NYC Grid is an exploration and documentation of New York neighborhoods- street by street and block by block. Since moving here seven years ago, I've found myself roaming around taking photos and videos, but with no real goal in mind. I've decided to focus that energy into this site. Each post at NYC Grid focuses on one block, a small segment of street (for example: 26th street between 8th and 9th avenues, or Ludlow between Grand and Broome) where I will attempt to document anything of interest, be it architectural, cultural, or just a good place to get a burrito.
Jessi Fischer is a writer, academic dilettante, public speaker, and sex educator for universities, high schools and outreach organizations. She is the proud 2009 Jim Brogan Teaching Scholarship recipient, the runner up for the 2008 John W. Kinch Humanitarian Award and a fund raising organizer for San Francisco Sex Information. Her educational background is a blend of academic theory, sexual biology, research training, cultural analysis, product knowledge, and sex education for the general population. She has completed over 120 hours of sex education training and holds a Master of Arts in Sexuality Studies from San Francisco State University.
I'm a privacy pragmatist, writing about the intersection of law, technology, social media and our personal information.
This is The Record, a blog about music news produced as a collaboration between NPR’s Arts Desk and NPR Music. Every day we’ll be talking about the music you hear — and why. We’ll take a close look at the machines that influence what you hear, when, how much it costs and where the money goes, who works with whom and who really shouldn’t have.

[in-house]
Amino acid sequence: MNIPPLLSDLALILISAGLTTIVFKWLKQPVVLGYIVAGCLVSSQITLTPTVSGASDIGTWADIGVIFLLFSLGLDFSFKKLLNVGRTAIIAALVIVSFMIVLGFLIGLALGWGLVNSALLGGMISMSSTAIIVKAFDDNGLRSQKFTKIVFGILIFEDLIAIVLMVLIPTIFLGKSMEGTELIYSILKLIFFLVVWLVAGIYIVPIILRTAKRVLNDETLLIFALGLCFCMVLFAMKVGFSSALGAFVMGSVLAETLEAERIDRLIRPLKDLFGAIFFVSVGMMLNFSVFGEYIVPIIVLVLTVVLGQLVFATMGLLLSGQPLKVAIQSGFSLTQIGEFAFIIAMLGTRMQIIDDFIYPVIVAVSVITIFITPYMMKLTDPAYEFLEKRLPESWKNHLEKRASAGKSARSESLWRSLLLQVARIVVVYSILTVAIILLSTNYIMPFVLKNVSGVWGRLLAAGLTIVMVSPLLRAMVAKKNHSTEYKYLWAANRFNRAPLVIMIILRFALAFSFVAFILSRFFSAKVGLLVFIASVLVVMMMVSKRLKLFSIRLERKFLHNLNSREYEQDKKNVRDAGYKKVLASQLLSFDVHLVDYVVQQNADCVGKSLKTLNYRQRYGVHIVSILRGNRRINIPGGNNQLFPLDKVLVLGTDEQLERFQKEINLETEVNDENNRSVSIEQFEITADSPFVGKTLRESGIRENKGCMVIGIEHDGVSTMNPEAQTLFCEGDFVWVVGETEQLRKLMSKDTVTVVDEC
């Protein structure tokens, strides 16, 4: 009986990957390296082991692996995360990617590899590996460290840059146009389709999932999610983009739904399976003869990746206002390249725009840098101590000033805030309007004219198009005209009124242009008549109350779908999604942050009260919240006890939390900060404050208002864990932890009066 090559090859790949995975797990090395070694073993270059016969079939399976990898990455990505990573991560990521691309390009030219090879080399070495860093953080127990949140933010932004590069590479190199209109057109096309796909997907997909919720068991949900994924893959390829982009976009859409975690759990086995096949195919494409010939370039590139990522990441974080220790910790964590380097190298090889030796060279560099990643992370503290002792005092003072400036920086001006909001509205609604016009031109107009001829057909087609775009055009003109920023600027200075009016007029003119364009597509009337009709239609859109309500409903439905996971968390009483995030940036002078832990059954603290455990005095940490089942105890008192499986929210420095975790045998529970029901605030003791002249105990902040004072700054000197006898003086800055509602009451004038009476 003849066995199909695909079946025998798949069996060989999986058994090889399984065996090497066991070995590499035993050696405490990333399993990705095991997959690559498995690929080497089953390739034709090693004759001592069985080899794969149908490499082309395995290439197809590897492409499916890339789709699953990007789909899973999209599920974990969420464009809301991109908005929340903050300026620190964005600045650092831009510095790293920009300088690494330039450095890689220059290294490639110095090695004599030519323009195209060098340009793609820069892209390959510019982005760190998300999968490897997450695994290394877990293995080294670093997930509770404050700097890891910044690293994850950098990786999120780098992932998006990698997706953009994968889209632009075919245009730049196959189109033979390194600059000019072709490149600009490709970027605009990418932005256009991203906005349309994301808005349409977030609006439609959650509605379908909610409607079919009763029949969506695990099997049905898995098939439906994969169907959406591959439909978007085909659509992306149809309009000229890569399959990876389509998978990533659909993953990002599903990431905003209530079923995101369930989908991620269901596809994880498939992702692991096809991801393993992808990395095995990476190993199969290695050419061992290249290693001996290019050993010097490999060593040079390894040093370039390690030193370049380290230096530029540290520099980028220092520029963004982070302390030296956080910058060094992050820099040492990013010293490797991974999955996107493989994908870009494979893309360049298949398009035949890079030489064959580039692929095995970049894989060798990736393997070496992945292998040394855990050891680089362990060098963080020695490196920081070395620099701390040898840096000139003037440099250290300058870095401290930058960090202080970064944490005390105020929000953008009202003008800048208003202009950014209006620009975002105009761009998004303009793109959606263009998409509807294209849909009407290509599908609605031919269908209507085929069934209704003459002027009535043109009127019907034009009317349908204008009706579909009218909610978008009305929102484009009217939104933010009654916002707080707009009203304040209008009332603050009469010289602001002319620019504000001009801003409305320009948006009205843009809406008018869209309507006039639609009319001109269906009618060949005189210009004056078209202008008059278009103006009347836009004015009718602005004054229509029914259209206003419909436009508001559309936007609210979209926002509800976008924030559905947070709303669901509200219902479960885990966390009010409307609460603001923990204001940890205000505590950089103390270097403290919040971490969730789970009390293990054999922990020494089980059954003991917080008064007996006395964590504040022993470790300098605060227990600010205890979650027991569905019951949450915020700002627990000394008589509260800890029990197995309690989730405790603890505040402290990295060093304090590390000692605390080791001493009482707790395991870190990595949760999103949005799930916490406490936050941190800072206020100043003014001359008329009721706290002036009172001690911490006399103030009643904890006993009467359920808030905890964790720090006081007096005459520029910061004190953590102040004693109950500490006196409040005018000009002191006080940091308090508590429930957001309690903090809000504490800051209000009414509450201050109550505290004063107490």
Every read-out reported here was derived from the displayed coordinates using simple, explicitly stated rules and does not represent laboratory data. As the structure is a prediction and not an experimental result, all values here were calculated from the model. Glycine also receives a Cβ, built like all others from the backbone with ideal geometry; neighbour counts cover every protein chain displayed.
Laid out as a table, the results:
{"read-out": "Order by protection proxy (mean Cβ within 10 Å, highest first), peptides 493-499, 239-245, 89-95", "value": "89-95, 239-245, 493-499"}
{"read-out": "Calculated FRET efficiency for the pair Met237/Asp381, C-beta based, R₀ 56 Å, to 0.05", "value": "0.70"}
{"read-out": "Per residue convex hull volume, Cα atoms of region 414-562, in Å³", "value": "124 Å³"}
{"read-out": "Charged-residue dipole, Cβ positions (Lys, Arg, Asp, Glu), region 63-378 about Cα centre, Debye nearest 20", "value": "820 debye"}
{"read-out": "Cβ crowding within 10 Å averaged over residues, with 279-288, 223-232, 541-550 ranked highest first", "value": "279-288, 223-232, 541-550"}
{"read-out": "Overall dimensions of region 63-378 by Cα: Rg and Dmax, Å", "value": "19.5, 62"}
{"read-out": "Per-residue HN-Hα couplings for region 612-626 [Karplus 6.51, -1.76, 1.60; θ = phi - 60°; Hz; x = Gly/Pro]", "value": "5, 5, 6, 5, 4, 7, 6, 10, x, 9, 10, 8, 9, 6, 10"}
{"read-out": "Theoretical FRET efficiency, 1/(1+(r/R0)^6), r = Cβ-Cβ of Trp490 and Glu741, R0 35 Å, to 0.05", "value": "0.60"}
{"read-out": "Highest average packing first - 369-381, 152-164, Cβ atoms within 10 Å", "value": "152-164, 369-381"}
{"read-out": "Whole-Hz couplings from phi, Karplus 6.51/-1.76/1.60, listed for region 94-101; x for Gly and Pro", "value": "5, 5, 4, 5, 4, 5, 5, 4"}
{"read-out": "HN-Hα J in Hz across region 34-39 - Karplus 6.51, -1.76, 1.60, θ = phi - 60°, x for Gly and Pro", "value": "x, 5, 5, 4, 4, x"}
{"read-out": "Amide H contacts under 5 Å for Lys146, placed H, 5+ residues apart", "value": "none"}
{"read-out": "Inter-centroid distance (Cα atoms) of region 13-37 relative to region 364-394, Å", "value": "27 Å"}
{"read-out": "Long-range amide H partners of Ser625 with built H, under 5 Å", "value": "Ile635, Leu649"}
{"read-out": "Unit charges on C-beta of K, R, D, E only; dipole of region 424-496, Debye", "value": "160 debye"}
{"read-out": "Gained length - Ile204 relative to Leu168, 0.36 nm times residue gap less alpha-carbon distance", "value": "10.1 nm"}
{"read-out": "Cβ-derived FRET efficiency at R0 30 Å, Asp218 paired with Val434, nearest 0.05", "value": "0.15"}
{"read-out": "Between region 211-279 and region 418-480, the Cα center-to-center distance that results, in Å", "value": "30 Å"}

We’ll be talking to the people who leave their fingerprints on a song as it makes its way from an idea in a musician’s brain to a file on your computer. We’re tossing a wide net out there, but it’s one knit together by a collective obsession with the unfolding conversation between musicians and listeners and an agreement that disagreements can make that conversation better.
You’ll find us asking “Why?” a lot. For example, we’ll ask why trends develop, examine how critical consensus forms and report on the events that change the way we all get, and use, music. We'll also point you in the direction of things on the web we think are worth your time.
If we’ve learned anything since President Obama took office, it’s that the fundamental changes most Americans long for will be impossible until we end the stranglehold that big corporations and their lobbyists have on our democracy.
The public wants results, and solutions to many of our biggest problems are ready to go. But these solutions aren’t even on the table in Washington, because an army of corporate lobbyists stands in the way.